I have often heard agents suggest that averaging should be used to measure index movement if one thinks the market will be volatile. Such an approach would be used instead of measuring the index gain or loss from one start point to one end point–the annual point-to-point method.
The belief is that averaging fares better when the market is moving around a lot. The reality is, no, averaging does not usually result in a higher index gain, except in the early stages of a bear market.
In both the 2000 and 2008 bear markets, averaging the daily or monthly values extended the positive gains for a couple of months past the period when the APP method turned negative. However, when the bull market returns, averaging delays a return to positive territory.
A look back
If you look at 12-month periods over the past decade and use an annual reset approach, the mean annual S&P 500 index return was 8.14 percent. By contrast, a monthly averaging approach produced a mean return of 4.56 percent, or 56 percent of what the APP calculation generated. Does that mean averaging methods produced half the returns of APP methods?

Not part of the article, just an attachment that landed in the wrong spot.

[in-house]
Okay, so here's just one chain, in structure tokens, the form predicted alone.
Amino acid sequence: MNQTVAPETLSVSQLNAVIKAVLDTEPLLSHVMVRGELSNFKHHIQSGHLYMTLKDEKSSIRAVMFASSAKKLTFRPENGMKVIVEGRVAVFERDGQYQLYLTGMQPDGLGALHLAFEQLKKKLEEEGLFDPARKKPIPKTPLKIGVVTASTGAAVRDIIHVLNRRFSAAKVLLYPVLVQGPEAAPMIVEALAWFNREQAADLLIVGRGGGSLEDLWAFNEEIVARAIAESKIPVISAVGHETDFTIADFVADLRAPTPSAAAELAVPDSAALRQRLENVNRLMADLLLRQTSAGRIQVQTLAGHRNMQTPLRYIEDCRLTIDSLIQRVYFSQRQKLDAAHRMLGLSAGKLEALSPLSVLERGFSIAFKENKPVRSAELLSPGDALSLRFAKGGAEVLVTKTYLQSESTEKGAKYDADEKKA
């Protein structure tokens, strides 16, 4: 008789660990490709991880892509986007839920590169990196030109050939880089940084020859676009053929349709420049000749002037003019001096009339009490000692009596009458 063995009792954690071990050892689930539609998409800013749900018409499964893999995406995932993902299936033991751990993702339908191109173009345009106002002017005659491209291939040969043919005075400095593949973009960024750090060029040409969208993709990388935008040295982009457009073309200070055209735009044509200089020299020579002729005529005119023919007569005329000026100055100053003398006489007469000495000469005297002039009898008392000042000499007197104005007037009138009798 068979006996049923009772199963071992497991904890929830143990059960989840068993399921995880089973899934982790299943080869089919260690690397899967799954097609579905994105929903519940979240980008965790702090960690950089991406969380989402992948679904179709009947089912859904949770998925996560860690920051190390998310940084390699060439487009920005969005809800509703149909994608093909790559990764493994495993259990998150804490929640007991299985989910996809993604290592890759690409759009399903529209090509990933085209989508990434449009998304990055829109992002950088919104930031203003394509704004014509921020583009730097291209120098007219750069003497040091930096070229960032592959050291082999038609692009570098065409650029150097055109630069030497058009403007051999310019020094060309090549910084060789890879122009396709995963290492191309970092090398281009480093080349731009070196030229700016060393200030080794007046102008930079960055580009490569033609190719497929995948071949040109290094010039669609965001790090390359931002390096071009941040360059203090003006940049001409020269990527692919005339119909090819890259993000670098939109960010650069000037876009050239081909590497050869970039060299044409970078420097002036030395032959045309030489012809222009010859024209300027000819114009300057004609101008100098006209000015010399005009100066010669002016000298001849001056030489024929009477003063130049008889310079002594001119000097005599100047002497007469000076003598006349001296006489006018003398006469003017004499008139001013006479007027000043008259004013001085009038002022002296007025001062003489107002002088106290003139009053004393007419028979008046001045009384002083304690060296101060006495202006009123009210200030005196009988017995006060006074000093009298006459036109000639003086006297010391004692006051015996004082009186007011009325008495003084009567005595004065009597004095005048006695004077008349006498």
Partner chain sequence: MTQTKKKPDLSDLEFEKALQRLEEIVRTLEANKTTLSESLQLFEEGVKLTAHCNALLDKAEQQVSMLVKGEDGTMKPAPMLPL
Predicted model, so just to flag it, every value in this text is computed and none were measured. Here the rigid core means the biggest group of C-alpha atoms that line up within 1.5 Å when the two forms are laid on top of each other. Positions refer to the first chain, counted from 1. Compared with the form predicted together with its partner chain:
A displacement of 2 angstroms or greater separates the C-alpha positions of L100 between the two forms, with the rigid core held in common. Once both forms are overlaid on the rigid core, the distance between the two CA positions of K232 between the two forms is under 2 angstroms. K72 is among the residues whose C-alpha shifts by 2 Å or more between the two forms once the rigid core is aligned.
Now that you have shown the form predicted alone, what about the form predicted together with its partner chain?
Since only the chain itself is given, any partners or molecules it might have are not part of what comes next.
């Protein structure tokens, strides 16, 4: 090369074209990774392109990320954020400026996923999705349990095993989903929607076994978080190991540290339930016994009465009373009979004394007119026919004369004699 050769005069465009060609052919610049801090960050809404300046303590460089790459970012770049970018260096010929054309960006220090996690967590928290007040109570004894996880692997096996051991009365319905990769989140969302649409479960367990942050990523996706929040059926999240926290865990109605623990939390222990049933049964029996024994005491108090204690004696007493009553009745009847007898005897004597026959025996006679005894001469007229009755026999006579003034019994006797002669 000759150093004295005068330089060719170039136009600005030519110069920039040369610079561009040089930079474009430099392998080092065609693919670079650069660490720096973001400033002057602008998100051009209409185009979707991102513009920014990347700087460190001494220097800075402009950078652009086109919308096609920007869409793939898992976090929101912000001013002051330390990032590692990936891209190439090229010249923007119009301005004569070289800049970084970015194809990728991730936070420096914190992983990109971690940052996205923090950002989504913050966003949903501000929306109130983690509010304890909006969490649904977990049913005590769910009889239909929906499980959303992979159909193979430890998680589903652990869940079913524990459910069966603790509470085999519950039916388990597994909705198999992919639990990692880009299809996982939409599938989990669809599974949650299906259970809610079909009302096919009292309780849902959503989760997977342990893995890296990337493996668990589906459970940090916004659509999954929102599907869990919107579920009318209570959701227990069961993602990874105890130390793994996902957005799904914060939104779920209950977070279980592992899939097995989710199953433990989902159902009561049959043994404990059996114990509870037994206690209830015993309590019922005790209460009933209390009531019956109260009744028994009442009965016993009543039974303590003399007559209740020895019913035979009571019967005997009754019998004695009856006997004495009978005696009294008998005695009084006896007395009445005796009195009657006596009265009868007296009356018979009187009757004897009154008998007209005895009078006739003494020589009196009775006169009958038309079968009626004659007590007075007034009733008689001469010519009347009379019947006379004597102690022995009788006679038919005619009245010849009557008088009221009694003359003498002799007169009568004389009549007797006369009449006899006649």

No, and for a couple of reasons. The first is that most approaches, especially APP methods, use caps that limit the gain, but averaging methods usually have higher caps. If you apply a 10 percent APP cap and a 12 percent averaging cap, averaging produces 76 percent of what the APP method does.